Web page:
What NOT to do when quitting your job

Leaving a job is usually awkward especially if bad working relationships are part of the reason you have decided to quit. But no matter the reason for you leaving (hopefully, it’s just for a new challenge) you should always resign with grace. Never let emotions get caught up in the process of quitting, especially negative ones.

Here’s what we suggest not to do.

Don’t give zero moment’s notice

Your position will take time to fill. You may even need to help train someone to replace you. All this takes time, effort and funds. Don’t stitch up your employer, even if you feel jaded by them. It is the right and polite thing to do to give enough notice so that finding your replacement is as stress-free as possible.

Don’t tell your peers before your manager

Don’t go around ranting about how you’re interviewing elsewhere and planning to leave to your colleagues. If your boss hears gossip travelling through the grapevine before you tell them yourself, you’ll gain a reputation of being untrustworthy. You may not care if you seem that way in this particular workplace, but you should. Never think your situation would be invincible when it comes to professional chatter and Chinese whispers. Also, don’t let go of an opportunity for a reference.

Don’t be bitter in your resignation letter (yes, make sure you write a resignation letter)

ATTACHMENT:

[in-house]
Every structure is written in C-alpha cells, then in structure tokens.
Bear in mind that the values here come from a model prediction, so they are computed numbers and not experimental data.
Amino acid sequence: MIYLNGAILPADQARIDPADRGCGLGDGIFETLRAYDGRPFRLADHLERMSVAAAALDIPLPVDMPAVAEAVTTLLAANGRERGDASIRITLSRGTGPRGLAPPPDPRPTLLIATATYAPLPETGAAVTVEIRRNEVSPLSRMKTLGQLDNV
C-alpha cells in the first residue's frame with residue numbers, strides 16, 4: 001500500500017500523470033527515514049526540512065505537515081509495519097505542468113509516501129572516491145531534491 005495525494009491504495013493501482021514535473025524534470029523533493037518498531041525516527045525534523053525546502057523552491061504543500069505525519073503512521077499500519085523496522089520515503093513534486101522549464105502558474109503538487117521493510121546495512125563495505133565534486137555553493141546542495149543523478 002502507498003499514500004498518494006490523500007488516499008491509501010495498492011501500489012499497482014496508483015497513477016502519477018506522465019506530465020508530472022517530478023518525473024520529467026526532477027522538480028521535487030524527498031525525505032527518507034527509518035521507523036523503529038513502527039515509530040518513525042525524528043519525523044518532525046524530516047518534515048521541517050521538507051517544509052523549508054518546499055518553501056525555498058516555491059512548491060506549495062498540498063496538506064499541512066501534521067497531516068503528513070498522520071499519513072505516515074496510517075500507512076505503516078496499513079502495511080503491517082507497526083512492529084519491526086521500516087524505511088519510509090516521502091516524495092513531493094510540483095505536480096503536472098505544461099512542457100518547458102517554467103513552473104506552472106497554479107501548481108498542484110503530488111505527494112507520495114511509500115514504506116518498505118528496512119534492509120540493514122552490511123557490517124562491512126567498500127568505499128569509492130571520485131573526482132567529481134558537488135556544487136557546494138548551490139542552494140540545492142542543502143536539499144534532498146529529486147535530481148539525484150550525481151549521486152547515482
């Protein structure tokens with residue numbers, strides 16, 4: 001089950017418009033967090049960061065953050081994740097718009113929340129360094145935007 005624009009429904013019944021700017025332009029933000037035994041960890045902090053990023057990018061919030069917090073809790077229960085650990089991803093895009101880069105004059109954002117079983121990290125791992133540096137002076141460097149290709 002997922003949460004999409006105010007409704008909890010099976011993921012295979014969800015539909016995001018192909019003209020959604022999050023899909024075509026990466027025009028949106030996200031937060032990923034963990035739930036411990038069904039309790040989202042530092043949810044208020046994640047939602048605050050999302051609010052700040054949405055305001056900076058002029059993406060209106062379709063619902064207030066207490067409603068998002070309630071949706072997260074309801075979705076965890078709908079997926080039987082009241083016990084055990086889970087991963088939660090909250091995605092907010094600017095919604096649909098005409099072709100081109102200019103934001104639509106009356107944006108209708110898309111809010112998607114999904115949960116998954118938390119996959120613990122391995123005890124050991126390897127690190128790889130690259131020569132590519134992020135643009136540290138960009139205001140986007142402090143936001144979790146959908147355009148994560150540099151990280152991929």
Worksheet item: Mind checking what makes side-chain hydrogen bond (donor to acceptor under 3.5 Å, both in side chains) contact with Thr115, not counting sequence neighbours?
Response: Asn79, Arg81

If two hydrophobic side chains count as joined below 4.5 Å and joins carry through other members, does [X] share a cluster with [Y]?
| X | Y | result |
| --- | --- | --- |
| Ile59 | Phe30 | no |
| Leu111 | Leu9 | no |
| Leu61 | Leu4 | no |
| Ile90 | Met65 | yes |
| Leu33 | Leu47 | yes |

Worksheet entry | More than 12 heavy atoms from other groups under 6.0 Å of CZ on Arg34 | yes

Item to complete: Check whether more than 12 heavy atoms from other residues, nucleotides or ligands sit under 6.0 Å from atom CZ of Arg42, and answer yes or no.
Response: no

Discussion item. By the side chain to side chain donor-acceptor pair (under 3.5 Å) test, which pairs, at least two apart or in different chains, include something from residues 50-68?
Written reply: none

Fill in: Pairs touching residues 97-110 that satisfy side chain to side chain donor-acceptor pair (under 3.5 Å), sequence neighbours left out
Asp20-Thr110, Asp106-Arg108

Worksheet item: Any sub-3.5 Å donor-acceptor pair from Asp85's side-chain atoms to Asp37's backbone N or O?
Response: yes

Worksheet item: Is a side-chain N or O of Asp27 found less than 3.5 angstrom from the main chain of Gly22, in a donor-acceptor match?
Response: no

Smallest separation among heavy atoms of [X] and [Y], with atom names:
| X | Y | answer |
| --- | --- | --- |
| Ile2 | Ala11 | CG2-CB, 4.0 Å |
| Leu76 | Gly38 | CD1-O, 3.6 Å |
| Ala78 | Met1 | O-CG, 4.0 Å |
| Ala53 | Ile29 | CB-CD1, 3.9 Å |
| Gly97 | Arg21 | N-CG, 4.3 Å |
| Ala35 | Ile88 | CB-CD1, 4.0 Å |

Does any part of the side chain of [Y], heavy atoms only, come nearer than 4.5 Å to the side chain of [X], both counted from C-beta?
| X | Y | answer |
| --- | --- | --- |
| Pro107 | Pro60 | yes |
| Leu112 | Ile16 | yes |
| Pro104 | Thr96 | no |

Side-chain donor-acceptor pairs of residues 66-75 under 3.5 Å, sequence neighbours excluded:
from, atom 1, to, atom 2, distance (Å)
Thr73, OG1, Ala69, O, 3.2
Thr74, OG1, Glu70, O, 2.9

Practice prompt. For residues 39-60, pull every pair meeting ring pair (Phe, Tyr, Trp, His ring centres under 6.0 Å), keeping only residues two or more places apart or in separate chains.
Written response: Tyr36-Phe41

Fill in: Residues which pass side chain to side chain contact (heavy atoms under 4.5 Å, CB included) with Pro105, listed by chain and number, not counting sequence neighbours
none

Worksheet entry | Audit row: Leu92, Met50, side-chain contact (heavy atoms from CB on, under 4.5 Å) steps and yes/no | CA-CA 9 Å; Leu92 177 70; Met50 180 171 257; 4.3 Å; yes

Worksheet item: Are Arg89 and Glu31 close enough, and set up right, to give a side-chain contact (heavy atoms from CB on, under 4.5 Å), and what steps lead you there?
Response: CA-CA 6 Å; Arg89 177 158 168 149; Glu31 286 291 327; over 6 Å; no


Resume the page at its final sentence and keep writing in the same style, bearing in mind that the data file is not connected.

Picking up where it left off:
Always write a resignation letter. And don’t, by any means relay anything negative in writing. Your resignation letter is a notification of the time you have left and should include thankful words for your time at the company. If you are leaving due to sour reasoning, phrase it in a way that is professional and objective. Do not add your personal feelings about certain people or management.

Don’t stop working hard

After you’ve let your employer know, don’t become lazy and careless. Think about the reference you could get… do you want their freshest memory to be ‘well towards the end they just started showing up late and taking long lunch breaks…’? Keep up your professionalism.

Don’t ignore the need for help

In conjunction with working hard, also put your hand up to help. Simply act as if you were still going to be working there for the next few years. Your role doesn’t magically become redundant because you don’t want it anymore.

Don’t leave a mess to clean up

Work-wise and desk wise, don’t leave a mess! Take all your own possessions and leave a clean space for someone new. And definitely don’t leave any projects unfinished. If the project needs more time that you can’t be there for, make sure you organize a clear and concise handover for the person taking over.

Don’t forget to ask for a reference

For many, managers know that you won’t stay in your position forever or that you will eventually move on. Even when you have a great relationship with your employer, quitting can be hard as there is a lot that is unspoken leading up to the first chat about leaving. But, if you’ve listened to this list, you’ve done a great job at keeping civil. Don’t be too shy to ask for a reference. You were a good worker and should use your experience to get future work.